Asheville’s budget (and a tax increase) is here

At the end of a rollercoaster budget season marked by dire predictions, unpredictability at the state level, and Asheville City Council members trying to find the cash for their own plans, there’s finally a vote on the budget this evening. For the first time since 1995, city residents could see a major tax increase, intended to pay for an “aspirational” list of major projects.

Even as late as the June 11 public hearing on the budget two weeks ago, Council was thrown another curveball, as inclusion in a state recreation authority bill — which, they’d anticipated, could saved the city $2.5 million over the coming year — became increasingly unlikely. This season has been marked by sparring — sometimes public — between state legislators and local officials, including a lawsuit over the fate of the city’s water system. Emails obtained by Xpress recently revealed exchanges about settling the water lawsuit, the recreation authority bill, and even a move to impose district elections.

The latest version of the recreation bill has a two-year delay before Asheville could participate and see any savings, and dueling budget plans from the state House and Senate make it unclear how city revenues will shake out.

In Council’s eyes, that leaves a choice between abandoning a list of “aspirational” projects (in the words of Council member Gordon Smith) or using a tax increase to fund them. While some expressed concerns about the level of tax burden — especially as Buncombe County is also considering a sizable tax hike — the majority of Council directed staff to draw up a budget including a tax increase.

The tax rate was already set to go up 1 cent per $100 to compensate for sluggish construction growth declining revenue following the most recent property tax revaluation. To make the list a reality, staff are proposing an additional three cent hike, meaning that the coming year’s tax rate will go from 42 cents per $100 to 46 cents.

The list covers everything from affordable housing to parking decks to road improvements and money for the Asheville Art Museum. Some of the items — particularly the funding for the art museum — attracted some criticism a the public hearing that they’re unnecessary compared to more pressing priorities.

Asheville City Council will meet at 5 p.m. Tuesday, June 25, on the second floor of City Hall.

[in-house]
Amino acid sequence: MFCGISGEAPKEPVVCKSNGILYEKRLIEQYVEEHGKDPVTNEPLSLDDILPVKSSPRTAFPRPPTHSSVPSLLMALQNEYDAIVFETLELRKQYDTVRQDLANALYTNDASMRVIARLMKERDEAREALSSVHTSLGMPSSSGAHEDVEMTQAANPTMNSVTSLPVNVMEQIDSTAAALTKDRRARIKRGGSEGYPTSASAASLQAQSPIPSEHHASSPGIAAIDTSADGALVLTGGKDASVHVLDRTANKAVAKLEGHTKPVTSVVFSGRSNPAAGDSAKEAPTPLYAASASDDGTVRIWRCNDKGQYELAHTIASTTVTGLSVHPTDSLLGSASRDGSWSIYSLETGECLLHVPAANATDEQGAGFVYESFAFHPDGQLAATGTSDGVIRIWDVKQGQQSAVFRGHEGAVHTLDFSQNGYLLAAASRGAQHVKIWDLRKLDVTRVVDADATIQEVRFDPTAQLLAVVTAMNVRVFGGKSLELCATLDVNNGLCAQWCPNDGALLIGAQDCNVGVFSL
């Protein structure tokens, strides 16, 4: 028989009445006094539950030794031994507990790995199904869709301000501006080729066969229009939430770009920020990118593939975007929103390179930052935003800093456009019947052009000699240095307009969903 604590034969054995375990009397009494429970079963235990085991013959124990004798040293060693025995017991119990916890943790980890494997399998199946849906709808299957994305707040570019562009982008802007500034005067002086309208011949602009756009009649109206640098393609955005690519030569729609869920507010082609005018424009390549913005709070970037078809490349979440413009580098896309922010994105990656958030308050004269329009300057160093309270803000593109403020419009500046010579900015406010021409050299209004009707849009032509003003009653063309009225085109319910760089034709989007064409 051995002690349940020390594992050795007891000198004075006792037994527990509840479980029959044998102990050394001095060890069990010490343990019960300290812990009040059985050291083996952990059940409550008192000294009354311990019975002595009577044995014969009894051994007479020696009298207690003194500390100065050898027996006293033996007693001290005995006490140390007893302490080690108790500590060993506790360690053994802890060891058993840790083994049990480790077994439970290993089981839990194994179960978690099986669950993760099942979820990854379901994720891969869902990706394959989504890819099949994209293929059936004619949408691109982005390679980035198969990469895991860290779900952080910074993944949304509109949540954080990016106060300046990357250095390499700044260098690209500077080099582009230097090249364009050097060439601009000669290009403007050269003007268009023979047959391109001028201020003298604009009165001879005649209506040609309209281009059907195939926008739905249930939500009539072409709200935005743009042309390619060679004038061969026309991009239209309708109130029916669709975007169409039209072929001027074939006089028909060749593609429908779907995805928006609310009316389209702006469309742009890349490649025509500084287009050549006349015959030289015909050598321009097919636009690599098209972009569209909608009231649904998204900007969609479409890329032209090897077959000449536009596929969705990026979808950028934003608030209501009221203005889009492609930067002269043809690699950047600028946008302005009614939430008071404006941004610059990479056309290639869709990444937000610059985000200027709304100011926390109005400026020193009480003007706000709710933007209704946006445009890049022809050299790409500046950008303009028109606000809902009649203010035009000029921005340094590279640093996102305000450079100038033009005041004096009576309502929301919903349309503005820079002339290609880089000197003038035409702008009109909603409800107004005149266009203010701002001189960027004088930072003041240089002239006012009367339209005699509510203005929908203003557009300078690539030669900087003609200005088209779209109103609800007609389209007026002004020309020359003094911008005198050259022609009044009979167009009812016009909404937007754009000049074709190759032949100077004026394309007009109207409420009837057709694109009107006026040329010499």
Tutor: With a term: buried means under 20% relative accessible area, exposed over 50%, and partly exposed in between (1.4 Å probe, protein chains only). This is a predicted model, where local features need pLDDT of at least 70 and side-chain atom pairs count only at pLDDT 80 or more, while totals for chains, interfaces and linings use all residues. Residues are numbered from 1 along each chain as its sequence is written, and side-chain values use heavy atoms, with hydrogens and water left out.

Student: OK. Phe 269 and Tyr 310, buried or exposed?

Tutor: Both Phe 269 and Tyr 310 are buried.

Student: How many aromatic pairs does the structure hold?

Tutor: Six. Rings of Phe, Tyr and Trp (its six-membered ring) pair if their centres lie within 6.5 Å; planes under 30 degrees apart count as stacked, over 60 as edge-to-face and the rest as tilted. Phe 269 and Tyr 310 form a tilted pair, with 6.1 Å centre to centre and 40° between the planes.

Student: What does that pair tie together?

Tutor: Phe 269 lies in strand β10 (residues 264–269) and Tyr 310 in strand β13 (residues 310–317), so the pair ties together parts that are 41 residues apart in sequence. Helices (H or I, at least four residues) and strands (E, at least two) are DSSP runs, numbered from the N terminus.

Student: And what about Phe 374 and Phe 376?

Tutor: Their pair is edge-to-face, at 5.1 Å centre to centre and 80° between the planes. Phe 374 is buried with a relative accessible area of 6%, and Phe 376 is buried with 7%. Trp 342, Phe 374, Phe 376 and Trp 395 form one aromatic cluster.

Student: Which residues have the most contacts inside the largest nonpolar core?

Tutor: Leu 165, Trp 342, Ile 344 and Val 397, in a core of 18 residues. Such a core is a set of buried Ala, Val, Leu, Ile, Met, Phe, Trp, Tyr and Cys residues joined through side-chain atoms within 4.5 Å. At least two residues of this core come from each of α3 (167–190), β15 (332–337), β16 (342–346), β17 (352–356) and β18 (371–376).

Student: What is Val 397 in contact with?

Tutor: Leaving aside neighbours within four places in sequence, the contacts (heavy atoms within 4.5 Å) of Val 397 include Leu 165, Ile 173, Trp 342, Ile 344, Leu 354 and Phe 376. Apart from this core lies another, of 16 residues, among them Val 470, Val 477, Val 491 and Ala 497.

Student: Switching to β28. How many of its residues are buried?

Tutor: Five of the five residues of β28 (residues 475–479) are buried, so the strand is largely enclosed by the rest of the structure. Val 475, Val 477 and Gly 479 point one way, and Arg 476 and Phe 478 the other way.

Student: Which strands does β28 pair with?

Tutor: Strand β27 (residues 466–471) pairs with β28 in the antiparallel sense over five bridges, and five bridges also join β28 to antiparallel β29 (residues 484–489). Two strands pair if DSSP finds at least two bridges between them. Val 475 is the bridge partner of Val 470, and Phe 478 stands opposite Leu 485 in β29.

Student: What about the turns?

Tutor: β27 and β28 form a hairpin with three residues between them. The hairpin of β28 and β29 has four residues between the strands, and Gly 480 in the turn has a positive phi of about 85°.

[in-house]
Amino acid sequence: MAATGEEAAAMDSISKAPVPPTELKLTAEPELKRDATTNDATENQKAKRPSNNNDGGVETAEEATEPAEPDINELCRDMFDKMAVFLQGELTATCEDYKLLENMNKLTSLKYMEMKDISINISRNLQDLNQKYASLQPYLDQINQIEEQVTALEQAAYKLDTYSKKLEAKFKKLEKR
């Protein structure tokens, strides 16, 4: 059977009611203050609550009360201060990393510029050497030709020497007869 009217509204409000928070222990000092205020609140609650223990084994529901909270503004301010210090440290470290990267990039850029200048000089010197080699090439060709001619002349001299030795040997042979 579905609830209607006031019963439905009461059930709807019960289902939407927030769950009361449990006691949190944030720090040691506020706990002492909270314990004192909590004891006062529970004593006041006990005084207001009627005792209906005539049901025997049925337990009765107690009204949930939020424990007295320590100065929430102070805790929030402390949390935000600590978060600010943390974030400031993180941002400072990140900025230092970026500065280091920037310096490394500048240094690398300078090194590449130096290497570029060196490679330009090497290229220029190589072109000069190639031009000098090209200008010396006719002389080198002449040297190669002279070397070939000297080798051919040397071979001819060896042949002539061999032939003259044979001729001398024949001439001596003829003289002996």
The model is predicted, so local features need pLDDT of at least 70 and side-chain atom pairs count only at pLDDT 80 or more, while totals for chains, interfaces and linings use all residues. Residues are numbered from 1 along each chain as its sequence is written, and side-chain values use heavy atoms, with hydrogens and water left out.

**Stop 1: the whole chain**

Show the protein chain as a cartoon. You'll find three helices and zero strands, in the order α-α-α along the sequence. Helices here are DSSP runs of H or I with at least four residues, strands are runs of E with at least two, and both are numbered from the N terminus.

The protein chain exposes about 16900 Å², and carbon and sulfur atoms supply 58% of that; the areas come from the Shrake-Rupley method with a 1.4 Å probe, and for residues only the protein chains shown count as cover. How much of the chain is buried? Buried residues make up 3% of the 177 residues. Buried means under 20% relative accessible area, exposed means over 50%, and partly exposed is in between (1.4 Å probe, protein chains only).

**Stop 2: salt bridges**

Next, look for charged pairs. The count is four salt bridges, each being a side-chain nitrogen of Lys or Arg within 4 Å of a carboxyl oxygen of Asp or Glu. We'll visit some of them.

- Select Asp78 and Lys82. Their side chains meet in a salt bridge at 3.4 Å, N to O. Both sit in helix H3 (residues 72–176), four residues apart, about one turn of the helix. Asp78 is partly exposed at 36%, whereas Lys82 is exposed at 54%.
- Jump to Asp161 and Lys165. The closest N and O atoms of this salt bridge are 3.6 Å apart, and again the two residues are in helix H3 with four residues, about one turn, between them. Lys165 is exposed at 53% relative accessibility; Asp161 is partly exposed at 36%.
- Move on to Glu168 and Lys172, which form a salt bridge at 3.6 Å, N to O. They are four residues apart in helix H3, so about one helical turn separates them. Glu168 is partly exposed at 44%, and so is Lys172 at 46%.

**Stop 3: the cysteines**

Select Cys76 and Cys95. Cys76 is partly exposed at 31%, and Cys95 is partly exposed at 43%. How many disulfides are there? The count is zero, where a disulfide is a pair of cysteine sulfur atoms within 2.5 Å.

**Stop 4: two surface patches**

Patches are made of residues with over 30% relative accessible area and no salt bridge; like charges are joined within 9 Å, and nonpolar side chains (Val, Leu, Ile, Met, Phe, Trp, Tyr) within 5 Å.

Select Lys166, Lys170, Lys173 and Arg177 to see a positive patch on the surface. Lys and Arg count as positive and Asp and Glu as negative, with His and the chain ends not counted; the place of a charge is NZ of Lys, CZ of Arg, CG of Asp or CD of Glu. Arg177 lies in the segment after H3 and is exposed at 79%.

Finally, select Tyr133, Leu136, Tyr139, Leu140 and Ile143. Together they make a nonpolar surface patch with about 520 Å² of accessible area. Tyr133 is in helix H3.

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5 thoughts on “Asheville’s budget (and a tax increase) is here

  1. William

    Yup. The City has a lot more “round the world” airline tickets to buy in their endless search for “sister cities” and economic development. Anybody had a picnic at ($1,600.000.00) Overlook Park yet?

    Other peoples money… SO easy to spend.


  2. Mike

    What!? The state’s attempts to reduce spending are a major factor towards both our local government entities having to increase our local tax burden?? I just can’t believe it- where’s my free lunch!!

    That’s sarcasm, folks.

  3. indy499

    No one comes to Ashveille for the art museum. Let it stand on its own economics. If people aren’t willing to pay for it, let it go.

  4. VirgoSnow

    Quoting from a previous article linked in this post – my comments at the bottom:

    “We have a choice before us: we’re either going to be an aspirational city that grows toward our goals or we’re going to be a stagnant city that starts to decline,” Council member Gordon Smith

    *Affordable/workforce housing – $1 million
    Public Works Director Cathy Ball says city staff hope to use them to create 100-150 units of affordable housing.

    *Asheville Art Museum renovations – $2 million
    City staff hope to use a commitment to $2 million to help the Art Museum. While the building is owned by the city, the museum is managed by a non-profit.
    “I think it all hinges on them getting the money together,” Ball says. “The thought is that having a really good arts center there is going to cause businesses to locate here, jobs to be created. There’s going to be a return on investment.”

    I can’t believe that people have not yet learned from history and that City Council could be so short-sighted.

    In this economic climate this really isn

  5. Dionysis

    As many things that are in need of funding in this city, the idea of having taxpayers fund the operating cost of a non-profit is in itself absurd, but to promote it based not upon any empirical evidence that this diversion would actually help the city, but rather upon “a thought” is almost laughable.

    I work for a non-profit. Send me some tax dollars.

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